Since the 1960’s single-parent homes (a home with only one parent) and blended homes (a home with a step-parent) have become the norm and children raised by both their biological parents is far less common.
The strategies parents are using to raise their children and the values that parents have instilled in their children have radically changed in the last 30 years as well.
Technology has deeply impacted the parental strategies utilized by parents and the way children perceive the world.
Societal influences and educational focus have also changed the way children perceive the world.
We are not going back to the way things were unless we experience a global catastrophe that puts us back to a pre-industrial age so be careful what you wish for.
We can only go forward, and we have the young people we have who were raised the way they were raised and influenced by a society that has dramatically changed from the one Baby Boomers and Gen X was raised in.
But I want you to think about something.
When you were young you probably played outside, built forts in the woods, rode your bikes with other neighborhood children and kept your self occupied for hours with games and other activities.
That gave you a specific set of skills and a worldview that gave you strengths in some areas. But be honest, it also created some weaknesses and let’s face it every aspect of our childhood was not amazing.
Okay, well young people today grew up differently, they played video games, binge-watched YouTube videos and spent their time on social media sites.
They have interacted with other children all over the world, not just their local neighborhood and they have acquired skills that make them really good in some areas and weaker in others and let’s face it not every aspect of their childhood sucked, perhaps it could be argued that some aspects of their childhood are superior to the Baby Boomers and Gen X childhoods.
If you are a Baby Boomer or Gen X, when you entered the workforce did the senior people love you and say, “this young generation is amazing, they work so hard, they don’t need any training, and they do things exactly the way we want them done and the way things have always been done.”
Of course not.
We lacked experience and we screwed up, we didn’t know what the heck we were doing, and we were even late sometimes because we were out driving our cars around and drinking with our buddies. But you know what, Baby Boomers and Gen X went on to change the world and do amazing things. In fact, the generations before us wouldn’t even recognize the world we live in today.
Well, guess what?
Millennials and Gen Z are no different. They lack experience and they screw up, they don’t know what the heck they are doing, and they arrive late for work at times because they were up too late connected with their buddies from the far corners of the earth doing something digital.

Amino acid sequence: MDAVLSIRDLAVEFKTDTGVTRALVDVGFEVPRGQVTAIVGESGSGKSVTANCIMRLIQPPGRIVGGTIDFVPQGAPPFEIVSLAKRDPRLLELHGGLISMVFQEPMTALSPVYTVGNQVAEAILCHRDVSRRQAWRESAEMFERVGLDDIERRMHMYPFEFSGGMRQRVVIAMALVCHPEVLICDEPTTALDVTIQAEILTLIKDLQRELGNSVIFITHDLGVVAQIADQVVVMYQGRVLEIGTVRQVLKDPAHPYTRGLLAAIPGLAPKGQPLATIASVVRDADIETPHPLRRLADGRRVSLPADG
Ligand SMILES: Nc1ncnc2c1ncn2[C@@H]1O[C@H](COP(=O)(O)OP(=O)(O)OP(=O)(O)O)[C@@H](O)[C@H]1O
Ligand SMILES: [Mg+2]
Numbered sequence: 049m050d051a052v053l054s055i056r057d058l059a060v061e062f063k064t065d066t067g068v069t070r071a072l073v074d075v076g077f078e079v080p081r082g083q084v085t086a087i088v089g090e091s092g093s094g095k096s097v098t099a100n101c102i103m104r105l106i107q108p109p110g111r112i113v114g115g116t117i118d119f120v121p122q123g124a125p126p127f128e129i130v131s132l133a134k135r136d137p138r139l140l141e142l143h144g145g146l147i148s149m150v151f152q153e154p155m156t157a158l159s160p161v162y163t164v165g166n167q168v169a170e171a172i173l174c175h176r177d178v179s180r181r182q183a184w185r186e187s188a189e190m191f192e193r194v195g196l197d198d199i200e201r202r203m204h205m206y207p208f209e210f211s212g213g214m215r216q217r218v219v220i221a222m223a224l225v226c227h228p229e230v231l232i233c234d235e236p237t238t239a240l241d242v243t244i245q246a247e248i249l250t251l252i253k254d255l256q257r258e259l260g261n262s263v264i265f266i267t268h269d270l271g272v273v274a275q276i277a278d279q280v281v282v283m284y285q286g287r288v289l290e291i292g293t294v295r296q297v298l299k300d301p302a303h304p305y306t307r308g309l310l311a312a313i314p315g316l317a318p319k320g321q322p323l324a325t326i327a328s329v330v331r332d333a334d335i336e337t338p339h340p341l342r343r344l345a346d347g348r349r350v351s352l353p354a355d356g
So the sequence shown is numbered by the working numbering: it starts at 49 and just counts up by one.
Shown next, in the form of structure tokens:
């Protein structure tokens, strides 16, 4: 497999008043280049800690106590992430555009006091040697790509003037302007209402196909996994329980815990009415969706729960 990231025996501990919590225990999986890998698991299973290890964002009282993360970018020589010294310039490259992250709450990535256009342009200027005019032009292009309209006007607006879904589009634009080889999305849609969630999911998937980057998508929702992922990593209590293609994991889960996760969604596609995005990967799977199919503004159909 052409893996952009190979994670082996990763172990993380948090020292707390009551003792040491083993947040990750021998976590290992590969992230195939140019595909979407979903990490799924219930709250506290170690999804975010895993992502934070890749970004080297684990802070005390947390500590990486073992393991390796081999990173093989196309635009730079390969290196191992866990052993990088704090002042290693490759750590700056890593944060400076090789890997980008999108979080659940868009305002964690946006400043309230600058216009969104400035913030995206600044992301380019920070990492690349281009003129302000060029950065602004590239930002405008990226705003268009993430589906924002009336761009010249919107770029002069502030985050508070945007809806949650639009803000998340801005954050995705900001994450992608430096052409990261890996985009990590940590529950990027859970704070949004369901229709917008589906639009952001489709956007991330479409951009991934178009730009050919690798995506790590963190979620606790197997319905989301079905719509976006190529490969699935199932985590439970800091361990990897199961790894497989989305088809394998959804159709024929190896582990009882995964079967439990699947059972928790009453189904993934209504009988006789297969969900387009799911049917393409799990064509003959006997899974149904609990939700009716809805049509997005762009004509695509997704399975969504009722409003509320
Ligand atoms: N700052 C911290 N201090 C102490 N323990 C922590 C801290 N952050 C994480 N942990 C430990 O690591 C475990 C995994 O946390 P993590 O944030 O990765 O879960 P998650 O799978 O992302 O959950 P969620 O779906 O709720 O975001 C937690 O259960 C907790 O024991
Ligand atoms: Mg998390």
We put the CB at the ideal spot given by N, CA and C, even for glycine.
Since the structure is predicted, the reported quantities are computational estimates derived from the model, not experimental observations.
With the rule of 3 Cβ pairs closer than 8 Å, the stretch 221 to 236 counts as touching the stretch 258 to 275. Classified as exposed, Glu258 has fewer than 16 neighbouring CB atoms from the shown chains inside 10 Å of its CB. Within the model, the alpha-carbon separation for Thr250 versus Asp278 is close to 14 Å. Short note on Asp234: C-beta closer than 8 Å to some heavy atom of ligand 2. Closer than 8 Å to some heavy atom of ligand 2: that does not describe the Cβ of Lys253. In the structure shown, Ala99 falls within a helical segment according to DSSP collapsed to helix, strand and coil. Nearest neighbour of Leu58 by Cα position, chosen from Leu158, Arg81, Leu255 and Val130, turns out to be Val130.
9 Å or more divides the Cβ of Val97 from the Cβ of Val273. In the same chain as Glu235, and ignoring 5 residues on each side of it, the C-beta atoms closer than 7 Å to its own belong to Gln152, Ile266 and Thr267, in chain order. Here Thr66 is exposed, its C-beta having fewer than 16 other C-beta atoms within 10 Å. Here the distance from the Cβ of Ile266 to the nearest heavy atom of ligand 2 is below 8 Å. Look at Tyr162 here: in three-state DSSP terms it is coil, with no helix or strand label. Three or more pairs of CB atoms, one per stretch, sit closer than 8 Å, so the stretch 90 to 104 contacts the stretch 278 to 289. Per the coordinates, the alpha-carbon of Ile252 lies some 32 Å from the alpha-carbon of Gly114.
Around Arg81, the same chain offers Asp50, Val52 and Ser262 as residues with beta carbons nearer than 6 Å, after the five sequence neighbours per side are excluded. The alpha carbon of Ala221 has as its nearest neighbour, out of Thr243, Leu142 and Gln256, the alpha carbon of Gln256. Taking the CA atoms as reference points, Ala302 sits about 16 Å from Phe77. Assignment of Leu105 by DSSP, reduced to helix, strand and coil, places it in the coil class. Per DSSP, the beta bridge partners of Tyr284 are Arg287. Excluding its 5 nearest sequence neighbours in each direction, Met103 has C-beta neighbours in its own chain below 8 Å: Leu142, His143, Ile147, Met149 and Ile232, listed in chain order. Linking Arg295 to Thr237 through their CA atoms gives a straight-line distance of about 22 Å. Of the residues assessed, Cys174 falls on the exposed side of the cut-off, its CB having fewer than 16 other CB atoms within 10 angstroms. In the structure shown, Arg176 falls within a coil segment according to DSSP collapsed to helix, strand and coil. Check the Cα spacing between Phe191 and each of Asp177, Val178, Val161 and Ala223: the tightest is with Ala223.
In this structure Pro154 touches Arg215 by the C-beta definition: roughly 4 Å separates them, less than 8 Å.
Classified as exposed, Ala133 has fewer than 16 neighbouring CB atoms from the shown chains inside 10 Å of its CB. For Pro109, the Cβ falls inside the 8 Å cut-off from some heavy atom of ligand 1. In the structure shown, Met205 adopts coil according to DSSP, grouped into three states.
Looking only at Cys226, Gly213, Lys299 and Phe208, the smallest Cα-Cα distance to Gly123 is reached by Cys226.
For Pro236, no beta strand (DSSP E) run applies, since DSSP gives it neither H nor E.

These people are going to change the world, it has already begun, and we will not recognize the world when they are done. So, accept reality and if what you have been trying isn’t working, change your approach and try something new.
What other factors may be causing us difficulty in finding employees that care?
You Aren’t Testing Pre-Hire Properly
Every position has a profile.
What I mean by that is there is a perfect blend of personality characteristics, education, and experience level that matches each position. When you identify what those things are you can create a profile for that position.
Then when you hire someone you can test them, pre-hire to see how closely they match your profile. The person that has the closest match is the person that will do the best job out of the pool of candidates you are considering at that time.
If you have not been using the profile-first approach you are not going to get optimal results. You are going to consistently hire for unknown biases that are clouding your judgment.
Remember that we all make decisions emotionally and try to rationalize our decisions after the fact. Well with hiring it is no different.
I believe that you must use the profile-first approach to create biases on purpose. I don’t mean biases toward race, gender, or religion, I mean biases toward personality profile, education, and experience.
You need to know if you are purposefully hiring someone with a certain level of assertiveness, sociability, pace, detail-orientation, behavioral adaptability, emotiveness, and creativity. If you would like to educate yourself about these characteristics, please go to jamieirvine.ca/profile.
If you do not understand what you are looking for you won’t find it and even if you do stumble upon it, you won’t understand why it worked once and why you can’t repeat it.
What you interpret as “bad employee behavior” could actually be what we call “avoidance behavior” which is a situation where you have an employee who is misaligned from a personality profile perspective and therefore exhibits behavior that is counter-productive.
This is not the employees’ fault, it’s yours for not understanding the profile, not hiring for it correctly, and not establishing a management system that is designed to maximize those profiles.
The Ugly Truth We Don’t Want to Admit
Have you ever heard these expressions?
“If you think it is everyone else’s fault it’s not them it’s you.”